Tribal Government & News
Tribe completes $4 million donation to Newberg-Dundee bypass project
NEWBERG -- The pledge was made in November 2011.
The oversized ceremonial check was signed and presented on Monday, March 7.
The money will be transferred to the Oregon Department of Transportation this month.
The Confederated Tribes of Grand Ronde’s $4 million donation to help fund the first phase of the Newberg-Dundee Bypass construction project is now complete.
“That is the biggest check I’ve ever signed,” said Tribal Council Vice Chair Jack Giffen Jr., who led a Tribal Council contingent to a ceremonial check presentation held in Newberg near where the bypass will meet up with state Highway 219 at Hess Creek. He was accompanied by Tribal Council members Jon A. George, Tonya Gleason-Shepek, Denise Harvey, Brenda Tuomi and Chris Mercier.
“All the partners we have, the county partners and the state partners, have all come together to work hard to make our roads safer,” Giffen said. “This is a huge project that will make the passage from Portland to the coast even safer. I want to thank you on behalf of the 5,400 Confederated Tribes of Grand Ronde Tribal members. As leaders, we administer their dollars and these are their dollars. They are grateful to have the partnerships that we do. I look forward to the day this is open.”
“I’m grateful for this opportunity and proud to be a partner in this process,” Gleason-Shepek said.
Harvey, who is currently serving as a Tribal representative on the Yamhill County Parkway Committee, said she personally can’t wait for the bypass construction work to be completed because she commutes to Grand Ronde from her home in Tualatin.
“I commute daily and have for about 13, 14 years,” she said, eliciting empathetic laughter from those in attendance.
Mercier, who served more than eight years as a Tribal representative on the Yamhill County Parkway Committee, said, “I remember when this was kind of a dream … but as the years wore on it got closer and closer. I remember when we announced this donation and I thought, ‘This is going to happen.’ And here we are. … I’m just excited.”
Tribal Culture Department employees Bobby Mercier, Brian Krehbiel and Travis Stewart performed an honor song and other Tribal employees in attendance included Tribal Attorney Rob Greene, Tribal Council Chief of Staff Stacia Martin, Public Affairs Administrative Assistant Chelsea Clark and Tribal Council Senior Administrative Assistant Lauri Smith.
The check presentation also attracted local officials, including Yamhill County Commissioners Allen Springer and Stan Primozich, McMinnville Mayor Rick Olson and Newberg Mayor Bob Andrews. Oregon Department of Transportation Director Matt Garrett also attended.
“The Tribal Council spoke about partnerships,” Garrett said. “Looking around here, these are true partners. At times we were running against the wind, but we found a path. Today, we celebrate that and we look forward to when we are cutting a ribbon as we connect this phase one of a very significant and critical transportation project.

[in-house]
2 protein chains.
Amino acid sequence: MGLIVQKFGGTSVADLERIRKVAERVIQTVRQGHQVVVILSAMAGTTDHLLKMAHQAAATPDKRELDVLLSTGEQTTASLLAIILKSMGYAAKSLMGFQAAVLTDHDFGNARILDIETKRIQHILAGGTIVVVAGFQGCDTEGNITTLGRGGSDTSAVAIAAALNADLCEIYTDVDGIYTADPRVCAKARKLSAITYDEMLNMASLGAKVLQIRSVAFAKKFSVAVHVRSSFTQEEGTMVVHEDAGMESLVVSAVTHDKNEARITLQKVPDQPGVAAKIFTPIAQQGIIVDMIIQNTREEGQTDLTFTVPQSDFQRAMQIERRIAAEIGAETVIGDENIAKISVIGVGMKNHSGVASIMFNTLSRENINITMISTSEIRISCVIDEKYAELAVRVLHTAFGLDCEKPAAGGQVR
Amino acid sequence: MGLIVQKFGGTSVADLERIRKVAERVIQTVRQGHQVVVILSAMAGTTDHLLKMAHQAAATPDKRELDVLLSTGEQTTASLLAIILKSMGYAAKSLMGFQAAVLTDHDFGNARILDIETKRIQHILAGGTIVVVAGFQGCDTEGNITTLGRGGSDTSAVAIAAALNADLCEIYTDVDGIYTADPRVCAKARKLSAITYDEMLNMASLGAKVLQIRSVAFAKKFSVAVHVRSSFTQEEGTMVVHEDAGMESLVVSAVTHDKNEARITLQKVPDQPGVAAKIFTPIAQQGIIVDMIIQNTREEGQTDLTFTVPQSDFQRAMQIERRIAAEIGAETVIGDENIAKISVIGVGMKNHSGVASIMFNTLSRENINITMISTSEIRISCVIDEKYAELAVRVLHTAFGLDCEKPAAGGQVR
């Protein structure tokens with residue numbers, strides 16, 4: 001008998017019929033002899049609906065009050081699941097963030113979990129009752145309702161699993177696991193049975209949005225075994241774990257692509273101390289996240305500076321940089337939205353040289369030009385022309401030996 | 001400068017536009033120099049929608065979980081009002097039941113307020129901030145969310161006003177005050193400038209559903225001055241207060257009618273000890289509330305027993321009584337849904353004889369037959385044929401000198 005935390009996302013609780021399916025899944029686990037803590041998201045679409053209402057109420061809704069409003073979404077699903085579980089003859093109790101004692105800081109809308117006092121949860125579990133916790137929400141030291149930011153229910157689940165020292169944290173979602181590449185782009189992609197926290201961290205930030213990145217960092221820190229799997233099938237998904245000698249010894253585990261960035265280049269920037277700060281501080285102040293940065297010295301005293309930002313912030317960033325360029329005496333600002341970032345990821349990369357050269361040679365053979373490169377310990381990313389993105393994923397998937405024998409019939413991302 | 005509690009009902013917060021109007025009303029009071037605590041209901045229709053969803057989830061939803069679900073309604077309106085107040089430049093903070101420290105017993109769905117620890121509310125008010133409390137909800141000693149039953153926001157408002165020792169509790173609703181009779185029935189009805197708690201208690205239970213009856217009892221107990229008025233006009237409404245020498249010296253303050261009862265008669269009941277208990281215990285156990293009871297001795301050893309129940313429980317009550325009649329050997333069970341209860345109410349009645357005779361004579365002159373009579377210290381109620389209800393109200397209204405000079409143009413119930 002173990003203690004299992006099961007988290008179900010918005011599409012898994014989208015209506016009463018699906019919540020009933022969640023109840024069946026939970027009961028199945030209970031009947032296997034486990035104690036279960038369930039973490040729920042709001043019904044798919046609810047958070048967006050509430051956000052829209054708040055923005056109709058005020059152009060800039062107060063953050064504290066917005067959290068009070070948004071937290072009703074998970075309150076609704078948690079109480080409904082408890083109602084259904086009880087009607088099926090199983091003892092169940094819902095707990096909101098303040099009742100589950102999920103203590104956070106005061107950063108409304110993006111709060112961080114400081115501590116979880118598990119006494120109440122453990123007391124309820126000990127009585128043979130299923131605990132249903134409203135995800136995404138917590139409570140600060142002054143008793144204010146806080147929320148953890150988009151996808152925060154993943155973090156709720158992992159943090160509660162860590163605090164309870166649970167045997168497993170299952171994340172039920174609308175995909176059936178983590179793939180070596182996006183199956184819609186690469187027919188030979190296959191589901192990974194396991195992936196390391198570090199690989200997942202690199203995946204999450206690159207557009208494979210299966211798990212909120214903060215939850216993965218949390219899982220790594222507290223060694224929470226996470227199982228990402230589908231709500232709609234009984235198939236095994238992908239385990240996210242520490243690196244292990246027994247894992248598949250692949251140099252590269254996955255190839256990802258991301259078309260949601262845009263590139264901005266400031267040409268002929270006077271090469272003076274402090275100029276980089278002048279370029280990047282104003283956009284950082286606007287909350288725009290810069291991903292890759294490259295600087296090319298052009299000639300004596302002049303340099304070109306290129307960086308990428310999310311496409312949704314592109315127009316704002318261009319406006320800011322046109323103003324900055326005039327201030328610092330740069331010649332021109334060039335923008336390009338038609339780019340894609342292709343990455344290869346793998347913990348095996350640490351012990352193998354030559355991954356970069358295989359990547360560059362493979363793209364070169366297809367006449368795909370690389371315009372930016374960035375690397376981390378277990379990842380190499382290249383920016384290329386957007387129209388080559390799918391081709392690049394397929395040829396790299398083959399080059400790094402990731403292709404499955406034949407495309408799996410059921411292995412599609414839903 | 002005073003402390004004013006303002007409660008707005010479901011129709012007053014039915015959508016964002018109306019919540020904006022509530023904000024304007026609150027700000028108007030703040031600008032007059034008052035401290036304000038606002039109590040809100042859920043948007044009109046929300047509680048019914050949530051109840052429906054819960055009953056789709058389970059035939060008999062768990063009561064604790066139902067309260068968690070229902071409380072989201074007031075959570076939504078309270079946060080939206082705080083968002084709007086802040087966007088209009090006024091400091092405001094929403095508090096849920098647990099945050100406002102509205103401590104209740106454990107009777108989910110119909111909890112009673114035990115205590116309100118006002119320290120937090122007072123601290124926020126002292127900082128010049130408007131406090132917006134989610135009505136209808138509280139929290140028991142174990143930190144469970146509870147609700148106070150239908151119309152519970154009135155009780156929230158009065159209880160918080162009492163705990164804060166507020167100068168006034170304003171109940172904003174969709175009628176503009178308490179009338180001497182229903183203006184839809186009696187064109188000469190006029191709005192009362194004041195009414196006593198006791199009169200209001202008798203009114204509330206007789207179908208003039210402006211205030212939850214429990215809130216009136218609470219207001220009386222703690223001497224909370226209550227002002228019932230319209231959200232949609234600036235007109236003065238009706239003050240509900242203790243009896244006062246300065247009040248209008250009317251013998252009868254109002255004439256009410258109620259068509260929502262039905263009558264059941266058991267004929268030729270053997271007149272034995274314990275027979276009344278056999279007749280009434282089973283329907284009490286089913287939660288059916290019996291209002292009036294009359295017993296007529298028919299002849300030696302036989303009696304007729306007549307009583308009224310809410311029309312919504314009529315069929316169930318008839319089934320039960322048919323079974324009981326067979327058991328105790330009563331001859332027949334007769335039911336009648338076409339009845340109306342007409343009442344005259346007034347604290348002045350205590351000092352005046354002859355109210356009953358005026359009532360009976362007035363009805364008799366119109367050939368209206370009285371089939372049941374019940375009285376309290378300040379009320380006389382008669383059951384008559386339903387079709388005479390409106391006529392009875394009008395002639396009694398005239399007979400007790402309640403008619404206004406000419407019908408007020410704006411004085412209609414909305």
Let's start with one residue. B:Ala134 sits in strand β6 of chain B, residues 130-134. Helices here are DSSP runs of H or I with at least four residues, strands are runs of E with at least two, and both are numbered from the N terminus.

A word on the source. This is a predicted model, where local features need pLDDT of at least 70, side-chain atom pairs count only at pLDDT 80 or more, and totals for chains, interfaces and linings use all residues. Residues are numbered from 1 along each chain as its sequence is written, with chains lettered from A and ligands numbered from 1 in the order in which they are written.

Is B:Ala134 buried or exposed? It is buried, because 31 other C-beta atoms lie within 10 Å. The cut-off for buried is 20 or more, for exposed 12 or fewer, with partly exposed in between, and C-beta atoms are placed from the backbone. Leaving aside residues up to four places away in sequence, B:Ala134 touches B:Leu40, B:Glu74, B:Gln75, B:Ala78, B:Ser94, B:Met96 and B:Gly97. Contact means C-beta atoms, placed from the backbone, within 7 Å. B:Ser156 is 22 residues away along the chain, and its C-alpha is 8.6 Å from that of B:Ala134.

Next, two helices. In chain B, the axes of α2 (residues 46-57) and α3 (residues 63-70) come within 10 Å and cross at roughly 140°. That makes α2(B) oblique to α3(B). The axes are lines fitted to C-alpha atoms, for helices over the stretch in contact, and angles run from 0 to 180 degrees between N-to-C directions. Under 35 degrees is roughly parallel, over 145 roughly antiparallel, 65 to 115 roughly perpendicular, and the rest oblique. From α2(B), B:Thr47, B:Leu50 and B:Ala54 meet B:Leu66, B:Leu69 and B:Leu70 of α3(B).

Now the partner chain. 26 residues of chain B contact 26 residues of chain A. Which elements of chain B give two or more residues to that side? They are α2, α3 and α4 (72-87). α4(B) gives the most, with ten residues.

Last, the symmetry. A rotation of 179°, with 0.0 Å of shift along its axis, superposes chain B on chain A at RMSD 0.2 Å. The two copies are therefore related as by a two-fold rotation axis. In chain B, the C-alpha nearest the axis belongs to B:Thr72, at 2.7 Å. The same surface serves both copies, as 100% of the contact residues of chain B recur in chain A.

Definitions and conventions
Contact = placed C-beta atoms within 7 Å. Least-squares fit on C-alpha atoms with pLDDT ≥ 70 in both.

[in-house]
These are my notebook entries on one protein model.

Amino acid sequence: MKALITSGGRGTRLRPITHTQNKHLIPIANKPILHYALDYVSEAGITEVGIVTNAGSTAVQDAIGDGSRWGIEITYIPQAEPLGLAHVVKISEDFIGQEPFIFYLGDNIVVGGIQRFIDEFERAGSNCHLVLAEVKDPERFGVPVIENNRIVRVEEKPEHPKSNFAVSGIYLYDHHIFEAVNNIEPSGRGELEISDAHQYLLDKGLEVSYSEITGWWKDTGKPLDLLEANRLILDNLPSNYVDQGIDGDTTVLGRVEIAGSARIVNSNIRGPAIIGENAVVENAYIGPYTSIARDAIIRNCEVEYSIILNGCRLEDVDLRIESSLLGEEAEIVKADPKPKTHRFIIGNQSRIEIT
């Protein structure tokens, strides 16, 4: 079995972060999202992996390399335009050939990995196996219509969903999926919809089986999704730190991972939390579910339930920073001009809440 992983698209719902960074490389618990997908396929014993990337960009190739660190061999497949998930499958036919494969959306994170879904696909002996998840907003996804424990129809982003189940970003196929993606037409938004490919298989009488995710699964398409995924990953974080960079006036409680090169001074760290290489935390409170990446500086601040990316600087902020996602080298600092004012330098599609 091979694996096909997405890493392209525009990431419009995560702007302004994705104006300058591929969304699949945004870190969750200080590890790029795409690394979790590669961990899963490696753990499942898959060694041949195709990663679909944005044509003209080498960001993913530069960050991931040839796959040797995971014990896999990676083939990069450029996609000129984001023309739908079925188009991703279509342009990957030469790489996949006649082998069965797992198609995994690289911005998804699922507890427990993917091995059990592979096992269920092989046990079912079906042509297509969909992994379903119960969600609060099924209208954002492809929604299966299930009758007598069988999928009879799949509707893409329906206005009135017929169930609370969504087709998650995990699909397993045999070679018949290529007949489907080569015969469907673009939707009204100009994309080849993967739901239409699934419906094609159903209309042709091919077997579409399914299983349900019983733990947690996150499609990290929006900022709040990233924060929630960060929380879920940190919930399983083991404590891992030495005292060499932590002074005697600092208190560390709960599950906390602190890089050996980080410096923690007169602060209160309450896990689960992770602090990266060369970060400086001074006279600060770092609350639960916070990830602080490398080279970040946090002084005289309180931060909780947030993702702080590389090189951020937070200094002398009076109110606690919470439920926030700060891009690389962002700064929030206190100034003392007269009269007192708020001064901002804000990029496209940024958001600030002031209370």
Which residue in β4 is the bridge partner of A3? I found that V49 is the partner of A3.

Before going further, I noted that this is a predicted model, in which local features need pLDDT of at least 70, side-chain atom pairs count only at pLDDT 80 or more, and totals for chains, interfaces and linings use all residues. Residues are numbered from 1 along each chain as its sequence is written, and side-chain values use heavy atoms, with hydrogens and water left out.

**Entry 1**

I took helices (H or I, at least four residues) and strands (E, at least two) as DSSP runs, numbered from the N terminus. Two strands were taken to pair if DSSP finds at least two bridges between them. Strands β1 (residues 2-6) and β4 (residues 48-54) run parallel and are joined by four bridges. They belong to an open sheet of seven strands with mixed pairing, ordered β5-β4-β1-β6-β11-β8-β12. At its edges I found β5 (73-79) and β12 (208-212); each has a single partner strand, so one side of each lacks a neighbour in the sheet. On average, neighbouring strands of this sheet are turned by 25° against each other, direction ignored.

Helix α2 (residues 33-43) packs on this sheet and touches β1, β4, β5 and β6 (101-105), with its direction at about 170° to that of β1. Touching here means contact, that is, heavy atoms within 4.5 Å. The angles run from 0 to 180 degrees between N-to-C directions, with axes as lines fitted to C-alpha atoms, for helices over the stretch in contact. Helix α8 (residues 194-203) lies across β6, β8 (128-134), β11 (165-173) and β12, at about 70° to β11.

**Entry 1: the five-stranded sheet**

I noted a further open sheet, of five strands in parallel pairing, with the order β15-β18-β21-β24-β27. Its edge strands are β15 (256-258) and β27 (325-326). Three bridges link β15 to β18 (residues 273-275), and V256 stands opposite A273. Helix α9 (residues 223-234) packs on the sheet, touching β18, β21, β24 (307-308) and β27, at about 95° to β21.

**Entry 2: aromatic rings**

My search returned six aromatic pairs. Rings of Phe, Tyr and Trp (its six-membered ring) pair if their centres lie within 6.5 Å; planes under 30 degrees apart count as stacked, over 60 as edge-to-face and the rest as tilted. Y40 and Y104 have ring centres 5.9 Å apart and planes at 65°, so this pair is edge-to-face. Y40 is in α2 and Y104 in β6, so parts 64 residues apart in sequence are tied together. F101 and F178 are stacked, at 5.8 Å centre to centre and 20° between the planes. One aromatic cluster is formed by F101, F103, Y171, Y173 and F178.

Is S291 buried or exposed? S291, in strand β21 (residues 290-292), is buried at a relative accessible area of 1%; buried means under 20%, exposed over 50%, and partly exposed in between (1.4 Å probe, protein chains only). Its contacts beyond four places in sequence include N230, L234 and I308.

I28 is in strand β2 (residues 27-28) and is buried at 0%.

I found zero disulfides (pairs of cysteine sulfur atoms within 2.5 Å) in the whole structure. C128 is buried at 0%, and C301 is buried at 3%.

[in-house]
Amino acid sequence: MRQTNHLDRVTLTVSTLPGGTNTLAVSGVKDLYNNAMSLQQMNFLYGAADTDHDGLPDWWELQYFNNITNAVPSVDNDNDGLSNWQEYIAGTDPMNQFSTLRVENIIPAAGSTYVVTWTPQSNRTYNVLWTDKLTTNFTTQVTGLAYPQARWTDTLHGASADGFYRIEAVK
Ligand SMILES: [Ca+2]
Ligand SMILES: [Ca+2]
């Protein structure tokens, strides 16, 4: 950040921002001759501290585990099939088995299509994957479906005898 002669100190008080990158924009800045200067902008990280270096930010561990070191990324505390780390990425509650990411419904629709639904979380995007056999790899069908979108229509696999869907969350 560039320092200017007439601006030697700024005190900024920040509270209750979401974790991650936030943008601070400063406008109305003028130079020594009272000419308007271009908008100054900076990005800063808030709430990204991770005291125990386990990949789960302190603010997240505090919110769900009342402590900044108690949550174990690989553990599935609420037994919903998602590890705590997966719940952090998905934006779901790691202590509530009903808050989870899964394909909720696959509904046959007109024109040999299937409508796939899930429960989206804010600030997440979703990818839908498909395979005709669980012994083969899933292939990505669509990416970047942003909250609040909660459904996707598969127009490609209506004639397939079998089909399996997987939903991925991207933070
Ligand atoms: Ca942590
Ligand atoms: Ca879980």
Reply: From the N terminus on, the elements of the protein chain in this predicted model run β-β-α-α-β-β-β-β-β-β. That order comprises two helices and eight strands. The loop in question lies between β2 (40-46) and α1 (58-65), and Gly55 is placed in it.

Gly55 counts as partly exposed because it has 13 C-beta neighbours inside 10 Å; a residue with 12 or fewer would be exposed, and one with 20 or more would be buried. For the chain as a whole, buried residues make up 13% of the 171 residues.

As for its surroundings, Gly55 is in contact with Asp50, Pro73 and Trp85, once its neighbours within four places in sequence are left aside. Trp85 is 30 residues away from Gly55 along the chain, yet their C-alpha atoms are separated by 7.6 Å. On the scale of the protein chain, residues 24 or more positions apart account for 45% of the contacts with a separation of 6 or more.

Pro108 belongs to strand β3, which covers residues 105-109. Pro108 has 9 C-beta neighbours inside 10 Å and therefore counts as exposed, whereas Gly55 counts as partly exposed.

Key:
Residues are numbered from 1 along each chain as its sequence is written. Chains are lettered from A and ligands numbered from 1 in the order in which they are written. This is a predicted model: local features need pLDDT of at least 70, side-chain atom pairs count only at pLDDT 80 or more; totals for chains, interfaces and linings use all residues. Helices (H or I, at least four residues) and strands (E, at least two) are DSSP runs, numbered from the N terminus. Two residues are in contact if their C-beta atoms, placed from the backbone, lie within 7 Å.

“We not only celebrate partnerships, but we also celebrate commitment. We’re celebrating commitment to our past, but also to our future. The future and safety of our people and the opportunities that will come to all of the communities that are represented here. I think that is extremely important. It is the partnership of many that makes this a reality today.”
Tribal Council Secretary Cheryle A. Kennedy, who was then serving as Tribal chair, pledged $4 million in Tribal money to help fund the first phase of construction on the bypass during a Nov. 8, 2011, City Club meeting held in McMinnville.
The Tribal funds, originally designated in its gaming compact with the state of Oregon to help build a new interchange at the convergence of state highways 18 and 22, are helping Yamhill County and three of its city governments fund their $20 million share of the project.
“When they sing the chant about the heroes on this project, one of them will be the Confederated Tribes of Grand Ronde,” said McMinnville attorney Dave Haugeberg, who chairs the Yamhill County Parkway Committee and was one of the prime movers behind getting the bypass constructed. “You were here first and you are leading us into the future, and we are blessed by this partnership.”
The bypass will fix the “transportation nightmare” in Newberg and Dundee that negatively affects every Oregon community westward along Highway 18. The 5.5-mile first phase is being funded with $192 million from state government, $45 million from the federal government and $20 million from local governments, including the Tribe. It is creating a transportation corridor with only two stoplights between McMinnville and Interstate 5, bypassing the currently congested downtowns of Newberg and Dundee.
Once completed, the bypass will make it easier and faster for Portland-area residents to access wine country, Spirit Mountain Casino and the coast. Construction work is scheduled to be complete by November 2017.
The Tribe will receive a credit from the Oregon Department of Transportation regarding the highways 18 and 22 interchange for re-allocating $4 million to the Newberg-Dundee Bypass. The Tribe’s contribution cap for that project is $9.45 million adjusted annually for inflation, according to the compact.
George provided the invocation that opened the ceremony.
“I don’t know where they’re going to find an ATM large enough to cash this,” Giffen added to a round of laughter.